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Aug 30, 2013| Courtesy by : online.wsj.com
By CAROL E. LEE, ADAM ENTOUS and SIOBHAN GORMAN
WASHINGTON—The Obama administration laid the groundwork for unilateral military action in Syria, a shift officials said reflected the U.K.’s abrupt decision not to participate and concerns that President Bashar al-Assad was using the delayed Western response to disperse his military assets.
The push for a quick international strike to punish Syria for what the U.S. said was a chemical-weapons attack appeared in disarray on Thursday, after British lawmakers defeated a government motion in support of military action.
But President Barack Obama is prepared to act without Britain, officials said, noting that unlike U.S. involvement in the 2011 military operation in Libya, the options under consideration in Syria are smaller-scale and wouldn’t require a coalition to be effective.
“Here, what’s being contemplated is of such a limited and narrow nature that it’s not as if there’s a similar imperative for bringing in different capabilities from different countries,” a senior administration official said. “We believe it’s important that there be diplomatic support from key allies, and we think we’re getting that.”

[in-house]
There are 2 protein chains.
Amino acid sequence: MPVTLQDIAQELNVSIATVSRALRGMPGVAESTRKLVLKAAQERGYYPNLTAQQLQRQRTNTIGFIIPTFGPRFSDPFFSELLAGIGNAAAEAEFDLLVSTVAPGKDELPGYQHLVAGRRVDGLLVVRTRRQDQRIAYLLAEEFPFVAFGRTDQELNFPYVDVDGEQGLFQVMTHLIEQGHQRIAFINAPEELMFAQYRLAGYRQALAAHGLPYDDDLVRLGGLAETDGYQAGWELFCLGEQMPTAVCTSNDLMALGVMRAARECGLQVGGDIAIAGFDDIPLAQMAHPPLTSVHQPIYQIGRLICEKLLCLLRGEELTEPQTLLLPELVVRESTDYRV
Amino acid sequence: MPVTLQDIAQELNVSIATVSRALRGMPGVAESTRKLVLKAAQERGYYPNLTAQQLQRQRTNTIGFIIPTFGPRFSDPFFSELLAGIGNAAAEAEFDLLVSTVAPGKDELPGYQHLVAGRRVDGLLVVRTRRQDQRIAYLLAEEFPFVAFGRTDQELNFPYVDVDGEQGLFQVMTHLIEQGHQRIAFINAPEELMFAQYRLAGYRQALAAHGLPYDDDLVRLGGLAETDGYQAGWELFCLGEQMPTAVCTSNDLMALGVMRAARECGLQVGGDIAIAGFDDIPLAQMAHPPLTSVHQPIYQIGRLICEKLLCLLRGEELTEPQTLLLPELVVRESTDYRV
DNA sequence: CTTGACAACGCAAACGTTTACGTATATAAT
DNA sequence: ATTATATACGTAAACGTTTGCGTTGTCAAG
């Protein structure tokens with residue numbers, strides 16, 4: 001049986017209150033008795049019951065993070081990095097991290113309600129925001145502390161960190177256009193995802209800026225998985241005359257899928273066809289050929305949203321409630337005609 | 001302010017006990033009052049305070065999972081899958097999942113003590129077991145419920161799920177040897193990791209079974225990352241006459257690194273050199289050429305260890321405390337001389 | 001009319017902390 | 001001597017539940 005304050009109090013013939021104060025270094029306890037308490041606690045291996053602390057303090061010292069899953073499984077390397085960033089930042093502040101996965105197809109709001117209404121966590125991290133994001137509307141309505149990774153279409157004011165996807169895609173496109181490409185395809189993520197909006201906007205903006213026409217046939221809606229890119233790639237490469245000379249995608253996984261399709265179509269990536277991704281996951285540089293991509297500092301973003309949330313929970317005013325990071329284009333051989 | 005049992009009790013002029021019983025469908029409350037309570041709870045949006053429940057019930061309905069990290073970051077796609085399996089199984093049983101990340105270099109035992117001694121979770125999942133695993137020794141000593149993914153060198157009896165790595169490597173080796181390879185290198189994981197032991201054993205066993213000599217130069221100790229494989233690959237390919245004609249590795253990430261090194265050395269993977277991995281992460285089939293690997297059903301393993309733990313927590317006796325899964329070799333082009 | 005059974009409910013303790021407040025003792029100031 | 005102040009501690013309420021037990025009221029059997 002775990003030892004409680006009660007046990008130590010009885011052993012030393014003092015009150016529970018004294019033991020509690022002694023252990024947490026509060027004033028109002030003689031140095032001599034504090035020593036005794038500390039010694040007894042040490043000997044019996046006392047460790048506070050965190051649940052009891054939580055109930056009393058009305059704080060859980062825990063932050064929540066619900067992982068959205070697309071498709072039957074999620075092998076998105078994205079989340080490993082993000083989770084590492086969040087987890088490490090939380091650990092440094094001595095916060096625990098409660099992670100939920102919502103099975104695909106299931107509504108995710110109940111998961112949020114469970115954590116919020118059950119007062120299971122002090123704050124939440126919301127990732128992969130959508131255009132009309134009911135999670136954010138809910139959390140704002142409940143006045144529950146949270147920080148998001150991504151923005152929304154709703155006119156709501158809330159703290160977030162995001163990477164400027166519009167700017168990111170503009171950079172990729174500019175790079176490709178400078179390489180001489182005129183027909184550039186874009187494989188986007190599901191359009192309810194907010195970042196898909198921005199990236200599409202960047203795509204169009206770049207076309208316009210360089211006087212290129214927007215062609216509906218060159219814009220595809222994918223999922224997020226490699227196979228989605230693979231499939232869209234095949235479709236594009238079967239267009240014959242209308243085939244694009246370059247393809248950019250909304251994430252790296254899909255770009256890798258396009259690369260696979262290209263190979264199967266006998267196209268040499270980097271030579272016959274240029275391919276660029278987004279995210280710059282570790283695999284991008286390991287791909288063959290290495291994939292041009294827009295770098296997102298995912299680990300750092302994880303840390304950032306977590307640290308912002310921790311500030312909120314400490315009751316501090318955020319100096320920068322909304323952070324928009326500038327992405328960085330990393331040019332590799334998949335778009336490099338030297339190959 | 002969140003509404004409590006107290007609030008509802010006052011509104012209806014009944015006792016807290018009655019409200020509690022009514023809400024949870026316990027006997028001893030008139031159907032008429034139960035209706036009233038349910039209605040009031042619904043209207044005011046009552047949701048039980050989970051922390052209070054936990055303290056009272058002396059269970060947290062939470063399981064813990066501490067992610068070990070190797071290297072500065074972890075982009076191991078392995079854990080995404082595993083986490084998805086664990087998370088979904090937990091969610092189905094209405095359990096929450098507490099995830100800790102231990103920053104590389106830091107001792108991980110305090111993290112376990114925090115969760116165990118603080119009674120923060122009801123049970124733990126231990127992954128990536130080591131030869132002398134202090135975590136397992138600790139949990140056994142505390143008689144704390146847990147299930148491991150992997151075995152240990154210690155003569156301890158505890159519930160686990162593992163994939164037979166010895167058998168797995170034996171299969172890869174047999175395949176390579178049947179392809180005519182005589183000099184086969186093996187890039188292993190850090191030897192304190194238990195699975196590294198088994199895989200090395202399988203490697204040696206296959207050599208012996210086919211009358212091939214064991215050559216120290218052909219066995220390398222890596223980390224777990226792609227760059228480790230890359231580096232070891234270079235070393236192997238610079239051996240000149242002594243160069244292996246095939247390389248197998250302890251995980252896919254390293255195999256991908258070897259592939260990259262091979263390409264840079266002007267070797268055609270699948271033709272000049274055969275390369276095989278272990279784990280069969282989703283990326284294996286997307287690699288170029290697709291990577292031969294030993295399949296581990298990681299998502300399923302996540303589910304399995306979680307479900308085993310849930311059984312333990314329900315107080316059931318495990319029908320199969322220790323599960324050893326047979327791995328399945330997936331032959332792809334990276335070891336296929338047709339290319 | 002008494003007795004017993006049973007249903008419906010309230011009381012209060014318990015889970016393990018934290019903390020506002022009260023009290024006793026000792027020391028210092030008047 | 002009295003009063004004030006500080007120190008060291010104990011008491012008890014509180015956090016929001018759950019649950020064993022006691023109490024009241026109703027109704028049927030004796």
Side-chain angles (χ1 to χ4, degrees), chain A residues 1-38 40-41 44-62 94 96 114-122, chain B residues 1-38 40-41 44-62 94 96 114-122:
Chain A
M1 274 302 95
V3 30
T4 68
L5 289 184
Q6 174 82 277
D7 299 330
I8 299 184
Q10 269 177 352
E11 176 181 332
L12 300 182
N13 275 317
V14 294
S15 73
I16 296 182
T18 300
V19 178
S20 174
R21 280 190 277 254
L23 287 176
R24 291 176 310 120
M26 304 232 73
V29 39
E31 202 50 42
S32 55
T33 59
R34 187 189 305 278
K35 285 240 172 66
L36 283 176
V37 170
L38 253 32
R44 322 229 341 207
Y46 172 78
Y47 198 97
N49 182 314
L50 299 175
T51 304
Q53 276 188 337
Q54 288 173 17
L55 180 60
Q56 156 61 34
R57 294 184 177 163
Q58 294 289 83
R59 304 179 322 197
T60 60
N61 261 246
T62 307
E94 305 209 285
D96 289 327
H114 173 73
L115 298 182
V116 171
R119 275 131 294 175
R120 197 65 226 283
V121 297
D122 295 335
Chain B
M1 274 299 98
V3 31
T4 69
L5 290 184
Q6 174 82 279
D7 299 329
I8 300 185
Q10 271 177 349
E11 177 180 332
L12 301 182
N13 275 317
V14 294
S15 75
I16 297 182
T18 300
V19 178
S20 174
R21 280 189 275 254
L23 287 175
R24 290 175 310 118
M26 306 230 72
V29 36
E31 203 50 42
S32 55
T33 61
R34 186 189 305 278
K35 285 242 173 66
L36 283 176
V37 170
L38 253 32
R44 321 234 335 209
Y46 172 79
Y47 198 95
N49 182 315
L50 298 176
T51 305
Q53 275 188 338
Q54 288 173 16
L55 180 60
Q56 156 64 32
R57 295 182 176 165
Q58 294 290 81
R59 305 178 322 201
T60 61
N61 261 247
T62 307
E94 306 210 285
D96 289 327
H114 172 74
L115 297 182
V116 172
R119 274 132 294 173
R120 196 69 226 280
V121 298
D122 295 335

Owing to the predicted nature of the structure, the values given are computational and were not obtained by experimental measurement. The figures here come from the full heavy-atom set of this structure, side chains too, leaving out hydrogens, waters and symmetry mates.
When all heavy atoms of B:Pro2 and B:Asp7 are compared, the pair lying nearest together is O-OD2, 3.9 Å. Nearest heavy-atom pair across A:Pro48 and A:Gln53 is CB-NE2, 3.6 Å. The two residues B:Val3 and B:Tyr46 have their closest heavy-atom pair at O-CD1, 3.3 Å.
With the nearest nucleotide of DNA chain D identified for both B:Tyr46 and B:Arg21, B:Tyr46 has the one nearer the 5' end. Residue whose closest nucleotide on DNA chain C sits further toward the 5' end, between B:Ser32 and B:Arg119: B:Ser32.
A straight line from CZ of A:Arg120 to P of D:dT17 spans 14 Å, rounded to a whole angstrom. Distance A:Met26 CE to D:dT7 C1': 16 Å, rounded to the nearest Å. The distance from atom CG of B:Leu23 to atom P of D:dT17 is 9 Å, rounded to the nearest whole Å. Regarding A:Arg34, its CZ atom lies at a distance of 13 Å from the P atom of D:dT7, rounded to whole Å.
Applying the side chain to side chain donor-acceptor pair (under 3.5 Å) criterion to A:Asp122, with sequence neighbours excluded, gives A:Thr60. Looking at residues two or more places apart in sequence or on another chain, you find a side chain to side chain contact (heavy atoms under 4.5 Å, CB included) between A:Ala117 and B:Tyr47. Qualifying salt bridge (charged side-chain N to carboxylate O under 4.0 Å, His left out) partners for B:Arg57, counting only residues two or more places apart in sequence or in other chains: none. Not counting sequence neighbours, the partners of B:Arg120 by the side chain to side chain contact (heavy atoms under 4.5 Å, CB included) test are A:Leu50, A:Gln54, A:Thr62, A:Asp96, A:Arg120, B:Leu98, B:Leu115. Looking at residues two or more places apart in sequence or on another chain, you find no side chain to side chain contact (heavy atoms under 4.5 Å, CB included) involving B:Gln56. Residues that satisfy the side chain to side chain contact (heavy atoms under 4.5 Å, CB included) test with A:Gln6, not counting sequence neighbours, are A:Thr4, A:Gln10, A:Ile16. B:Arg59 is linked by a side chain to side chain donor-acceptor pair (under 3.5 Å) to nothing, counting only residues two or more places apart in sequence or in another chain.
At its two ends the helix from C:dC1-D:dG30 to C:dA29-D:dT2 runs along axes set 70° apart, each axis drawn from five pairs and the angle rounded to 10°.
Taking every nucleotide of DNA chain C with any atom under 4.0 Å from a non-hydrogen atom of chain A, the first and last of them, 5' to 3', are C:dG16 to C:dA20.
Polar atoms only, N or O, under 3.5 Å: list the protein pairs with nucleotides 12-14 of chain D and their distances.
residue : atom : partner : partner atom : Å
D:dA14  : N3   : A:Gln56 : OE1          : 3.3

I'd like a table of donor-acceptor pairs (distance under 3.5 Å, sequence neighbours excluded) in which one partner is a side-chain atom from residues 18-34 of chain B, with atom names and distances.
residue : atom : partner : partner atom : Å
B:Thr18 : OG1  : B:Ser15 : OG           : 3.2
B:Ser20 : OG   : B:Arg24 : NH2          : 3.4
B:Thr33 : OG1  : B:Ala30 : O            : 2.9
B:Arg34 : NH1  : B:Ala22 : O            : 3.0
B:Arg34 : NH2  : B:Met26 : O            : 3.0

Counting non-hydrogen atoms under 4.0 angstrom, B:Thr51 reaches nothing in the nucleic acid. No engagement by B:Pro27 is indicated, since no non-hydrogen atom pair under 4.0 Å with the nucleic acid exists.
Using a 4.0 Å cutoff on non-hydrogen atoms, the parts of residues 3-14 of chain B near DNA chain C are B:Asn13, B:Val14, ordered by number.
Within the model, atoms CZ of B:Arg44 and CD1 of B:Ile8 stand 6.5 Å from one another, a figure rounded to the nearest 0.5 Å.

After a week of U.S. saber rattling that raised expectations about an imminent attack on Syria by a U.S.-led coalition, the White House had yet to release details about the intelligence, but said its findings conclusively showed the Assad regime used chemical weapons on a large scale against civilians last week.
U.S. intelligence agencies believe the main poison used was likely sarin, and estimate the death toll at 500 to 1,000 people, according to a senior U.S. official.
Syrian government officials have denied the Assad regime used chemical weapons, and accused their opponents of staging the attacks to provoke international action. Mr. Assad on Thursday said that “Syria will defend itself against any aggression,” Syrian state media reported.